Do you spend your time wondering how your friends were able to afford their stunning home on the hill that has that sparkling blue swimming pool and an entertainment area that is truly to die for? Do you spend much of your time wishing that you had the means available to send your children to the very best private schools?
That you were able to buy them clothing for top designer kiddie’s boutiques and spend thousands of Rands filling their toy-rooms with endless games and toys? If you answered yes to these questions then you’re trying to keep up with the Joneses and you are probably finding that trying to reach the standard of living enjoyed by the Joneses is almost impossible to achieve.
The question is why are we trying so hard and why are we trying desperately to fit into a world where success is measured by the car you drive, the style of your house and the suburb in which you live in?
The reality of the situation is that keeping up with the Joneses is rather common and is born out of a desire to fit in and to be accepted. The term -Keeping up with the Joneses literally refers to comparing yourself to your neighbours, friends or family members and the Joneses are held as a successful family whose success can be seen by the material possession that surround them and their lifestyle. In the world of the Joneses, those who are unable to maintain or reach the same standard of living as the Joneses are perceived as failures!
The problems that arise when we compare ourselves to others
One of the problems that occur when we spend our lives comparing ourselves to others is that we lose sight of what is important to us. We may be quite happy with our practical and trustworthy old car but because it’s not the latest model and doesn’t have all the creature comforts of the luxury models – we trade it in and get ourselves into debt. We might be content to live in a modest, yet comfortable home but because it’s not in the right neighbourhood and because it lacks a breathtaking view – we swap it for something more up-market and a lot more costly. When we live life always measuring our worth by where we live, what motorcar we drive and what schools our children attend, we quickly find that keeping up is an uphill battle and worse still, the goal posts are always moving.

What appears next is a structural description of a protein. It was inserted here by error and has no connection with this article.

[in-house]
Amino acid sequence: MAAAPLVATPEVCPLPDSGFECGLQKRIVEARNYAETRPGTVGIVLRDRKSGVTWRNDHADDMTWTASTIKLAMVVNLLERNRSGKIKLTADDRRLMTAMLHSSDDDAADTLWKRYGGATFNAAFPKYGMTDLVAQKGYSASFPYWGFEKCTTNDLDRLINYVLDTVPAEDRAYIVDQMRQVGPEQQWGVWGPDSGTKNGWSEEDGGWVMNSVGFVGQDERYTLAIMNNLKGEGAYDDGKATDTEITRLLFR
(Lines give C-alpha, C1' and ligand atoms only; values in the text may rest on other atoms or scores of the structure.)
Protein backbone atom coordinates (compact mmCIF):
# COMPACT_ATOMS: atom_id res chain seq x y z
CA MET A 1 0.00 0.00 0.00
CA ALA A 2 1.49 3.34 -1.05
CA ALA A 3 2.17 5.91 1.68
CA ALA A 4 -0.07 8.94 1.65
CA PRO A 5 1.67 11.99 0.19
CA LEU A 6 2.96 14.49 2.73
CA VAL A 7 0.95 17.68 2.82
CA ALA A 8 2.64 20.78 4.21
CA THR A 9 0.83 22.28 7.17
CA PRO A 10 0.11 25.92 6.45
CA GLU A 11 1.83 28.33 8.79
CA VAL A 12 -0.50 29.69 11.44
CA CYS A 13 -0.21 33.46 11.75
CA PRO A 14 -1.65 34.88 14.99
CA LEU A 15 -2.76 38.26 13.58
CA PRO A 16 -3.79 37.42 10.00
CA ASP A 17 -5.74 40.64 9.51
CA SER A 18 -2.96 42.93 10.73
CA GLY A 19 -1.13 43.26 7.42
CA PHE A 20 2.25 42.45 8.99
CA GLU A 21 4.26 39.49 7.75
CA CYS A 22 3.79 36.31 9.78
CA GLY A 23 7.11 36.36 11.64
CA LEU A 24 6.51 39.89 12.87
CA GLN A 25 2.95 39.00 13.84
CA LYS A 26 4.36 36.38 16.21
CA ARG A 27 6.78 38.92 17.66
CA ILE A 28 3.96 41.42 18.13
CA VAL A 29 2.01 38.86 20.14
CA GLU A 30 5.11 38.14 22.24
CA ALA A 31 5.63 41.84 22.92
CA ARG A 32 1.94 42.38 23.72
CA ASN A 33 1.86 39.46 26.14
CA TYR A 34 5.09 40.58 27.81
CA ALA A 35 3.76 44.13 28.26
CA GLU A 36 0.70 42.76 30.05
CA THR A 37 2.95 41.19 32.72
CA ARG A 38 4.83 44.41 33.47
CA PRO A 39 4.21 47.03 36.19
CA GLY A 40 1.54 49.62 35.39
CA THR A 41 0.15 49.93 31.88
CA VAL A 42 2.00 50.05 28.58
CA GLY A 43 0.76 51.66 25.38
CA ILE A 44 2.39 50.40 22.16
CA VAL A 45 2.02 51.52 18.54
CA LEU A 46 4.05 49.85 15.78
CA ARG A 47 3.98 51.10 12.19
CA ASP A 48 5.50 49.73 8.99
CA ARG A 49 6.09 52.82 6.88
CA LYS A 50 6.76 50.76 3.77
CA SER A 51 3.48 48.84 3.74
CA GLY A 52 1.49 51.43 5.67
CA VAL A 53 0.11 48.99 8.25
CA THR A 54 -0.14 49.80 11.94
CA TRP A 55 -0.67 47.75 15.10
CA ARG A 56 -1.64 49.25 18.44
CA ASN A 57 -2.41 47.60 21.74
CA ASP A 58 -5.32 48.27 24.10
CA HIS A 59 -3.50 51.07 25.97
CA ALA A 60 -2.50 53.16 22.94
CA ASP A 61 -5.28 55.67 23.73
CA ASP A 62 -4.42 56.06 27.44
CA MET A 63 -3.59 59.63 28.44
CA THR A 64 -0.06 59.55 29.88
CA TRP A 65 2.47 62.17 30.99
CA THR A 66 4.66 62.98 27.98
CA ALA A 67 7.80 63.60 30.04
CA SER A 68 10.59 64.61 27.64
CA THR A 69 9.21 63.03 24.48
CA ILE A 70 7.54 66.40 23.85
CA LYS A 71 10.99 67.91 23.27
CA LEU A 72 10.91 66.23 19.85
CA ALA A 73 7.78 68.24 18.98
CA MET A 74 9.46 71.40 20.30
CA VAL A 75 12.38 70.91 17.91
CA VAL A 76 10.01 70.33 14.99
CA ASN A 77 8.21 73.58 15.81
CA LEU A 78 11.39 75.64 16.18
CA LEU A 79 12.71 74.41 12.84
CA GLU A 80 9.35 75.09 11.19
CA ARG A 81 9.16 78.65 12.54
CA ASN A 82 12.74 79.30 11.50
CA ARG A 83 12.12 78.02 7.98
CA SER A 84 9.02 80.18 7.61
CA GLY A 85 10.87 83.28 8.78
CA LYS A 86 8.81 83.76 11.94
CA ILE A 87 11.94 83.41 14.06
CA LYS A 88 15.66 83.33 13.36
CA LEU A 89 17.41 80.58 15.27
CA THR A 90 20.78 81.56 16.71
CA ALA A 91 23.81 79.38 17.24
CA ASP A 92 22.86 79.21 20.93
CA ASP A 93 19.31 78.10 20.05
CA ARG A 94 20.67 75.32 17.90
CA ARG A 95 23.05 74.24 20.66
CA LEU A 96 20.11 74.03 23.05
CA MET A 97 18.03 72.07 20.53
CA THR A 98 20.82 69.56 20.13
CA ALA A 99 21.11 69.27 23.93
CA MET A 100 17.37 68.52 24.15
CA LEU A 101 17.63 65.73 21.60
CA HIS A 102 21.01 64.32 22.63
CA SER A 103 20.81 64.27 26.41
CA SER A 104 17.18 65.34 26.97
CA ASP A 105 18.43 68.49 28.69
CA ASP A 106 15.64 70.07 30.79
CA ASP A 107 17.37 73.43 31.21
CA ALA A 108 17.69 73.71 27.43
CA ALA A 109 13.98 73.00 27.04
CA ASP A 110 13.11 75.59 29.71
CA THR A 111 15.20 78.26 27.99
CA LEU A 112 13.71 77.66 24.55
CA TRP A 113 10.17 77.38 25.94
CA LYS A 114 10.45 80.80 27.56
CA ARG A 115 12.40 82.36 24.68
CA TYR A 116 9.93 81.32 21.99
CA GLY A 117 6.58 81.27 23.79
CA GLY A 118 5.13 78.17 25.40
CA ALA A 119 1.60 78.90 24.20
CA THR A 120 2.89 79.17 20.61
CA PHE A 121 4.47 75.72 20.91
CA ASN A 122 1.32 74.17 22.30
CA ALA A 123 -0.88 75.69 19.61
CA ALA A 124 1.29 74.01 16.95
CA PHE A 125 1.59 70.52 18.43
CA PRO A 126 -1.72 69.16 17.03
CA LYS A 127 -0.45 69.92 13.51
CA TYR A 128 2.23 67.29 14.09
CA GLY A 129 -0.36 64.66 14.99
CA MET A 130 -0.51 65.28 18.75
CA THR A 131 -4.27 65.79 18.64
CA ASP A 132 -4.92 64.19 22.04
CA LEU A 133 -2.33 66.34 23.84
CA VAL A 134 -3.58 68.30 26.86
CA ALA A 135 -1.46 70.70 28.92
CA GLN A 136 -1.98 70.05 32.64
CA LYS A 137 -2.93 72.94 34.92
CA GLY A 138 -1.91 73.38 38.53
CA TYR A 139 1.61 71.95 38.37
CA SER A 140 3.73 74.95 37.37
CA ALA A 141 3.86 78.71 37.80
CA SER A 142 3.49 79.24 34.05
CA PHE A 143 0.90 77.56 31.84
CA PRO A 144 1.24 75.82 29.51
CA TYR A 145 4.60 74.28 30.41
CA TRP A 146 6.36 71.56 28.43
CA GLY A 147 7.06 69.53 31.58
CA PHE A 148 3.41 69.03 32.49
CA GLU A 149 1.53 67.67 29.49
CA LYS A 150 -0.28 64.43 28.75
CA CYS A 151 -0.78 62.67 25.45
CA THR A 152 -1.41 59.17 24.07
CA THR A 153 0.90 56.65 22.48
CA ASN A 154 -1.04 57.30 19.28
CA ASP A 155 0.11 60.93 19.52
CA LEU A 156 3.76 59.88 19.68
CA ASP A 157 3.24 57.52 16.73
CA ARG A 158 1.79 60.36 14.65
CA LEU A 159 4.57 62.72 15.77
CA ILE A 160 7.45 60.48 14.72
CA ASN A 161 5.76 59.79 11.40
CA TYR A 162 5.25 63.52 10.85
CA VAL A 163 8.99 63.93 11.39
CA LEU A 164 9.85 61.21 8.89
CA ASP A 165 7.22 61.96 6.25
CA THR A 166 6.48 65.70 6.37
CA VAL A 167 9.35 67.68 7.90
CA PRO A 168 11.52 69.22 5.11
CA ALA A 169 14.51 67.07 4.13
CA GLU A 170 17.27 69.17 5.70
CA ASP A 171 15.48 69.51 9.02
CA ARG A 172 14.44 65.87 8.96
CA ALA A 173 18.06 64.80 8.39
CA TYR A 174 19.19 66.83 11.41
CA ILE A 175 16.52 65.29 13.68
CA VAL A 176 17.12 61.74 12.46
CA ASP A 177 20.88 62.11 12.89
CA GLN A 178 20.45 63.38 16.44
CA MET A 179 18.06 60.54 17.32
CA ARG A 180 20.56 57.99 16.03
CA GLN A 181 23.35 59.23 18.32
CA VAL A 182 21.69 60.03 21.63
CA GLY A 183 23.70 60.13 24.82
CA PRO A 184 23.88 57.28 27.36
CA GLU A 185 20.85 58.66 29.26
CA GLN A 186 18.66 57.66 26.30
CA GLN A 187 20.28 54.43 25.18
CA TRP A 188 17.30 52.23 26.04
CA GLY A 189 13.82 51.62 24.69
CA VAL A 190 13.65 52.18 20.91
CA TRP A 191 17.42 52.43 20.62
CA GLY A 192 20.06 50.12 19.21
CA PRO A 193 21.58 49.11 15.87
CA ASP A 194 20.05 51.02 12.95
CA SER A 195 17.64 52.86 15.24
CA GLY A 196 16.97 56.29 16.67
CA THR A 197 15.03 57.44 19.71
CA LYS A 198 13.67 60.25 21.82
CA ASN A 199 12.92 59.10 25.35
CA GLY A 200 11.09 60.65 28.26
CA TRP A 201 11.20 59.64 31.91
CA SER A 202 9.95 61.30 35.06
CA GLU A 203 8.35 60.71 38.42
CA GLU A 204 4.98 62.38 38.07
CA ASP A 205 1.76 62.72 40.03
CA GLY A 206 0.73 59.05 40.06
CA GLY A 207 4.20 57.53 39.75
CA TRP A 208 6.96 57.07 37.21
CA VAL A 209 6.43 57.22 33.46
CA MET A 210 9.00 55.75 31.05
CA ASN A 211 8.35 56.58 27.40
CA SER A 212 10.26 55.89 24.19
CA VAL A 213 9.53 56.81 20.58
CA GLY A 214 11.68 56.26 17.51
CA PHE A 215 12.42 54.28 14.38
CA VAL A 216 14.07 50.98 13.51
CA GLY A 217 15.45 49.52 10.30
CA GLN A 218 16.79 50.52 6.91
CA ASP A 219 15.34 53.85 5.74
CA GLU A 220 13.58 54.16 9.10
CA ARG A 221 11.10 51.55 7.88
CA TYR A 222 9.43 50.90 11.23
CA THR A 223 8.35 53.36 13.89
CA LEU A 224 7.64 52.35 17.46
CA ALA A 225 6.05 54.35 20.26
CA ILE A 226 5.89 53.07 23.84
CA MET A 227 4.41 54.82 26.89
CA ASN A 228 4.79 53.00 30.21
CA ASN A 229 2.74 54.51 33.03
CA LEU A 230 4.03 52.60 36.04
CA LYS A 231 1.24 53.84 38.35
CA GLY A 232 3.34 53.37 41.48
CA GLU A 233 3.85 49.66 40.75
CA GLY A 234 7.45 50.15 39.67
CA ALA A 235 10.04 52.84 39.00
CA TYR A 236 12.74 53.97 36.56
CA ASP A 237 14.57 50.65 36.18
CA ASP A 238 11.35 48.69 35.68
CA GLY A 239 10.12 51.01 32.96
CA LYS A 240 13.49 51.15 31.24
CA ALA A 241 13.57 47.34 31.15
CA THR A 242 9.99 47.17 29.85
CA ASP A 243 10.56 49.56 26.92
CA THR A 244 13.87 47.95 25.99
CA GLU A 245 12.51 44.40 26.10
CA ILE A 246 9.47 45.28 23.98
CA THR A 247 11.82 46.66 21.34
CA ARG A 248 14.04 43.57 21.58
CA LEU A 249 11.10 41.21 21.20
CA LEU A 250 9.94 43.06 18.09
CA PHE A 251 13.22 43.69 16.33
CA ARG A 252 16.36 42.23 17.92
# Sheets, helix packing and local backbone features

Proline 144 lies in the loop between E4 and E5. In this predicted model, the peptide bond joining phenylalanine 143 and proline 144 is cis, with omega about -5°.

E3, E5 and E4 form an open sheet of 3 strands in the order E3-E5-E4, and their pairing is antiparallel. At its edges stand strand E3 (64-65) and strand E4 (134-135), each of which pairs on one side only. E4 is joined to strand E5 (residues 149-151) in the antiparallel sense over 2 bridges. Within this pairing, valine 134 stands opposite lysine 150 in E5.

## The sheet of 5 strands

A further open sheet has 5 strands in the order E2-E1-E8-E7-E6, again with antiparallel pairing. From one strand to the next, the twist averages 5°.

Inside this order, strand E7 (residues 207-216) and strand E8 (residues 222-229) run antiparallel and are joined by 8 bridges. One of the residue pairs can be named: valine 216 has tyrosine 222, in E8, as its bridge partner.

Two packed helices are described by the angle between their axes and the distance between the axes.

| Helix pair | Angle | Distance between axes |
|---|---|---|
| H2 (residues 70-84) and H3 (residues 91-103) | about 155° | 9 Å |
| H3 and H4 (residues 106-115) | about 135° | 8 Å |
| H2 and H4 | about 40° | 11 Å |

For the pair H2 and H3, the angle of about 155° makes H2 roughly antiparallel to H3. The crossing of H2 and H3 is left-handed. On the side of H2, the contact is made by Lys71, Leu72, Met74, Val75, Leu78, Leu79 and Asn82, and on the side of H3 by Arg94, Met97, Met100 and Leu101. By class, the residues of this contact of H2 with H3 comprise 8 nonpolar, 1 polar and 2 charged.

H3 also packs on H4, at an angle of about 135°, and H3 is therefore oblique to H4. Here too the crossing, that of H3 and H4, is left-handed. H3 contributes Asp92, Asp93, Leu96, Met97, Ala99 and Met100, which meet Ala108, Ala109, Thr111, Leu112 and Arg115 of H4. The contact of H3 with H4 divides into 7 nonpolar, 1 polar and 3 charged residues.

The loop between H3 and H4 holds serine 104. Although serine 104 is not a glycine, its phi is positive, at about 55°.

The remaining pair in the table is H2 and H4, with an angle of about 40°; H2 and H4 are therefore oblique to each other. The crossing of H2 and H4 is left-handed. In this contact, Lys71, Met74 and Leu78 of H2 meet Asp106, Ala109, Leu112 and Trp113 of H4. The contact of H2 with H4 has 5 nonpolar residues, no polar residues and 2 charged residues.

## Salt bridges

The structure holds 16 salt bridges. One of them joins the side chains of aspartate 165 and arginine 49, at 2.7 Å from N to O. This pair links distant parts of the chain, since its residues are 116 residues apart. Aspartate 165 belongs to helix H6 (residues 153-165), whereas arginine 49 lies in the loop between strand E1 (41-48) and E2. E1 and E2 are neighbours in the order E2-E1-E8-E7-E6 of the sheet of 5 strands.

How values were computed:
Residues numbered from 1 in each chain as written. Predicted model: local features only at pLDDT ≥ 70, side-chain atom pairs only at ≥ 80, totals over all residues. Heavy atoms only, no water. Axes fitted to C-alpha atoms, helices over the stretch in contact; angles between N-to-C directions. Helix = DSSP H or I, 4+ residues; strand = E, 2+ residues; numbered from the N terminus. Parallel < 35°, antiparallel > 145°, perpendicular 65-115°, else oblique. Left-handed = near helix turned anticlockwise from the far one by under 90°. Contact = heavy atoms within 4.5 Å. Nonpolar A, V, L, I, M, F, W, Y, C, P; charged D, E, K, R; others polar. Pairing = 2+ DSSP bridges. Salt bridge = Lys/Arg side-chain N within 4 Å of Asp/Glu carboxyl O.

More than just feeling like a hamster on a wheel, the biggest problem caused by trying to stay on par with the fabled Jones’ family is that we spend money we don’t have. This means that we get into debt and because when we’re living the so-called high life, we want to flaunt the fact, we buy expensive gifts (usually on credit), we buy state-of-the-art TVs and expensive toys for our kids. The thing is when we start living beyond our means, we don’t have much chance to enjoy the spoils of the good life because much of our time is spent fretting about how we’re going to pay it back, or worse what will happen when the bubble bursts and the true -person’ beneath all the spoils is revealed. Will your friends still accept you?
Shift of focus
There is certainly nothing wrong with wanting more or desiring to live a comfortable life, however before you set out to acquire more, the question to ask yourself is – are you doing it because you want all the frills that goes with living the good life, or are you simply doing to keep up appearances? If you do not have the latest model luxury motorcar parked in your garage and if your children are not attending the finest private school, do you consider yourself as a failure? Worse – do you think that your friends and colleagues will see you as a failure?
Your focus should be on living a life that you dream of and above all living a lifestyle that you can afford. The moment you are honest with yourself and the moment that you give up on chasing unattainable dreams is the moment that you start living your life according to your own set of rules.
A lot of South African families are guilty of trying to keep up with the Joneses and the stark reality is that many SA families are living far beyond their means. Eventually the bottom falls out and they are left in a lot of debt. When families are struggling to pay back their debt they are not saving, and this is when the cold reality of trying to keep up with -rich’ friends and neighbours really hits home. What’s more is that most of the people who we are trying to keep up with (the Joneses) are themselves in the same position, battling to live according to their earnings and simply buying more on credit, in order to keep the outside world impressed.
The good news is that we all have the power to stop trying to keep up with the Joneses and we have the power to turn our lives around. We all need to make the decision that from here on out, we will follow our own dreams and we’ll stop trying to impress the world with our cars, our homes and our abundance of material possessions.
A debt counsellor will be able to assist over-indebted families to find a feasible solution on how they can get out of debt – and stay out of debt. When we stop trying so hard to keep up with the fabled Joneses, we realise that there is a lot more to life and we start to appreciate that life without debt is far sweeter.